The Bolgatanga Municipal Assembly has locked up the main abattoir in the Municipality after butchers declined to relocate to a newly constructed modern one at Yorogo.
The newly constructed abattoir, valued at ¢1.2 million, started in July 2017 with funding from the World Bank and was commissioned for use in 2018.
It has modern slaughtering and animal processing facilities, lavatories, offices, and a pavilion.
The Ghana News Agency (GNA) observed that the abattoir, which had been locked for two days, had affected the operations of food vendors, restaurants, and chop bars among other stakeholders who now resort to chicken and fish to complement their protein needs.
When the Agency visited the old abattoir in Bolgatanga, the butchers were seated in groups around the locked facility chatting with one another.
The action, the public fear, would affect the quality of meat as it may not be properly examined by Veterinary officers to ensure safety.
Tindaazok Koldo, the Chief Butcher at the old Abattoir, who expressed displeasure at the situation, explained that prior to the construction of the new abattoir at Yorogo, the leadership of the Bolgatanga Butchers Association was not consulted.
He said for the past three years there had not been any discussion on the matter and so after completion, he and his colleagues declined to relocate.
Also, the new facility could not accommodate the about 400 butchers, saying: “A lot of our members depend on the Abattoir to earn a living, and so if we move there, a good number will be laid off for lack of space. This will add up to the unemployment among the youth in the Region.”
Mr Koldo said there was no livestock market near the new abattoir, which would affect their business.
“If the Assembly can move the livestock market to Yorogo, we will relocate. But as it stands, we cannot move there without the livestock market,” he said.
Rex Asanga, the Bolgatanga Municipal Chief Executive, in an interview with the GNA, confirmed that the Assembly locked up the abattoir after several negotiations to have the butchers relocate.
He said upon completion of the facility, the Assembly held series of meetings with their leadership and they raised concerns about the need for a meat van to transport the meat to town for sale.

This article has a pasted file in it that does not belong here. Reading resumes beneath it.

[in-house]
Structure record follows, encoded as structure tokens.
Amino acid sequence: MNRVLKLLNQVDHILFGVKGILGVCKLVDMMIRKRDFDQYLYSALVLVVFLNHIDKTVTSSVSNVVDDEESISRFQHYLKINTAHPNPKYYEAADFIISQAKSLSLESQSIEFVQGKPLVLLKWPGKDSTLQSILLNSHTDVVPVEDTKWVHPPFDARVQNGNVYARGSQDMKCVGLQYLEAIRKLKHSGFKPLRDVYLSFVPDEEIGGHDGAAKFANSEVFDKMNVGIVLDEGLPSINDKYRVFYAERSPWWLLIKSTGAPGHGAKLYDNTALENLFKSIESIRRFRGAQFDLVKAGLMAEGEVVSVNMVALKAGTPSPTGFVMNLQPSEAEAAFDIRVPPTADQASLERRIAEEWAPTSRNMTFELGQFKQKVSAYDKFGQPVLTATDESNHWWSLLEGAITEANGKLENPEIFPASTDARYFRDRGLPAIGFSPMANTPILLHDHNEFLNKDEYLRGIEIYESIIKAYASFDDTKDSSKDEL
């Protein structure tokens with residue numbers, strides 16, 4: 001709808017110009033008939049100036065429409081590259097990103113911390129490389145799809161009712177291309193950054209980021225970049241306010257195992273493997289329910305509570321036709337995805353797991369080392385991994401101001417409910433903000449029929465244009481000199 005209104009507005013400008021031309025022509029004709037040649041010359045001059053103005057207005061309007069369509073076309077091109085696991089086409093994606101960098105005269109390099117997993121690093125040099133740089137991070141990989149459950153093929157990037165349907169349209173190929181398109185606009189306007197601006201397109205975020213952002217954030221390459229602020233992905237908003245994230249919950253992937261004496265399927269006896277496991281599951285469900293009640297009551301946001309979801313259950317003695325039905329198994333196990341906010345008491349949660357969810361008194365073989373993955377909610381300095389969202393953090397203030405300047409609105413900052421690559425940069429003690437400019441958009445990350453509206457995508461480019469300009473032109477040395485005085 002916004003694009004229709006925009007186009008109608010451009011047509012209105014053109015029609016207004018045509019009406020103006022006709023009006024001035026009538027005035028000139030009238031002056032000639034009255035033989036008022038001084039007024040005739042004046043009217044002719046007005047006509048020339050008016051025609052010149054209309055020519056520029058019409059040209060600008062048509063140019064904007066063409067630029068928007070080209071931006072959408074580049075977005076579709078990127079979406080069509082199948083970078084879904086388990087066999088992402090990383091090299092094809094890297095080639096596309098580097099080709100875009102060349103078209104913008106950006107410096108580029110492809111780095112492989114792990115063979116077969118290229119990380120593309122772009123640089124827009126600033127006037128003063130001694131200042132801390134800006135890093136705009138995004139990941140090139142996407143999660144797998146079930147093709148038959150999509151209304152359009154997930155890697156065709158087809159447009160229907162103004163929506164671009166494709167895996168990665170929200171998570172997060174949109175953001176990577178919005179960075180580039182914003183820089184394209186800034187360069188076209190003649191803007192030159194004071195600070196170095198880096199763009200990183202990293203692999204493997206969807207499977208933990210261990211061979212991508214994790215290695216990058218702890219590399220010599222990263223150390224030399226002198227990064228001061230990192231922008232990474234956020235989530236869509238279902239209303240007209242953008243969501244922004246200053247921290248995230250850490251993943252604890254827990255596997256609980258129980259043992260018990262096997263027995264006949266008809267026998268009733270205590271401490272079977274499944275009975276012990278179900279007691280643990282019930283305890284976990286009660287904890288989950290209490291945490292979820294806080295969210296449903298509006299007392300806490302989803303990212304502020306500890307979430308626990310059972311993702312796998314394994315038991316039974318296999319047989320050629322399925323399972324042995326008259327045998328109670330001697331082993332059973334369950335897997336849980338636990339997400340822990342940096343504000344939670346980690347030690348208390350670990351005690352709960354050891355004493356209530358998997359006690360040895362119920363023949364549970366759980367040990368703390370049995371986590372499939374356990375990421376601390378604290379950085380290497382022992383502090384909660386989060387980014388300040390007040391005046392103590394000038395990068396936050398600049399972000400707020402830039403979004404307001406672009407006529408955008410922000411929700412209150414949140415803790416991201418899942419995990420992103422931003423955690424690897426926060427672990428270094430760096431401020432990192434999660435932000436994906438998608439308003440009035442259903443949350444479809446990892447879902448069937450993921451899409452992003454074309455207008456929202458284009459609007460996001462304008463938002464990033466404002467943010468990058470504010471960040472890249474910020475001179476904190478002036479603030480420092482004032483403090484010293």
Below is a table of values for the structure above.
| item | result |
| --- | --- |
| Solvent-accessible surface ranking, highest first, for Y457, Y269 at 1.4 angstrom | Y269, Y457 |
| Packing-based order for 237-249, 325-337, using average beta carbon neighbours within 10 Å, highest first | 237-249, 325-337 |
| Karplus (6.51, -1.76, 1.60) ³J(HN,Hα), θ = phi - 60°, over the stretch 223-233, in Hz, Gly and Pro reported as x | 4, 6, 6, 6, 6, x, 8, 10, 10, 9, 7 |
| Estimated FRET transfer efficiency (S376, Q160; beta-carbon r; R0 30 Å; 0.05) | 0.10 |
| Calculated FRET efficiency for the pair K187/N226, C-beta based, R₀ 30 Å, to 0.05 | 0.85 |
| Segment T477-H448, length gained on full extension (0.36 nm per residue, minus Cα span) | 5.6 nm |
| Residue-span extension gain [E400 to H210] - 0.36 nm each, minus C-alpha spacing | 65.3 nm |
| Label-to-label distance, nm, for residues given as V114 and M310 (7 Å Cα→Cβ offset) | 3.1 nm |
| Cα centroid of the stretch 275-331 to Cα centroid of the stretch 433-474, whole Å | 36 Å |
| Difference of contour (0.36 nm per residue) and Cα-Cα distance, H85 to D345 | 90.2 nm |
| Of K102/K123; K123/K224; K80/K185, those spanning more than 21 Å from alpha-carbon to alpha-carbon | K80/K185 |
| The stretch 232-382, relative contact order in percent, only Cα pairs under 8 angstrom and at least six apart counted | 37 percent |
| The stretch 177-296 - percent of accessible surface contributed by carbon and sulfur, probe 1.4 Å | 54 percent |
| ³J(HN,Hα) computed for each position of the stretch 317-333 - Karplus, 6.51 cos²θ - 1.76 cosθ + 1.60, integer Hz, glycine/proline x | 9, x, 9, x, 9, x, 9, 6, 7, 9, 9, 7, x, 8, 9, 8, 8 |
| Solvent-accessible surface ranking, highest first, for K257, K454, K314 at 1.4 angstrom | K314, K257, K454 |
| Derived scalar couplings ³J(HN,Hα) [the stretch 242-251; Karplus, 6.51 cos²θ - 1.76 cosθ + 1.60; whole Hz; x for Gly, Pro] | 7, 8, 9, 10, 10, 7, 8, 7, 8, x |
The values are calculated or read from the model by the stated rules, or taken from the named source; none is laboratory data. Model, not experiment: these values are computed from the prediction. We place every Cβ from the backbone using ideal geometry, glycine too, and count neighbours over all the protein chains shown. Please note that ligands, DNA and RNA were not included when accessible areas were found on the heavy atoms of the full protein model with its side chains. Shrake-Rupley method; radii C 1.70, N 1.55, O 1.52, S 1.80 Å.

They also requested a platform outside the abattoir where they could slaughter some animals as they all could not slaughter in the Abattoir.
The MCE said following the butchers’ requests, the Assembly signed a Memorandum of Understanding with them to address those concerns, adding that “the Assembly at its own cost, constructed a platform so that some of the animals could be slaughtered on it.
“These were the main things they asked for, and the Assembly has met its side of the bargain, but the butchers refused to relocate.
“Health-wise, the old abattoir is not in the best of conditions,” he said.
The MCE said after the December 15, 2021, deadline to relocate, the Assembly further engaged their leadership and extended the date to the first week of January 2022.
“But they did not move, so the Municipal Security Council held a meeting and invited them to discuss a date for their movement.
“They refused to honour the invitation, and so we wrote to them to relocate by January 18, 2022,” Mr Asanga said.
On the issue of relocating the livestock market to Yorogo, the MCE said: “We discussed that issue with them in the past but the butchers have to move first before the livestock market can move.”
“But they think that we should relocate all of them at the same time. That will not be fair to the cattle traders. They also have their issues.”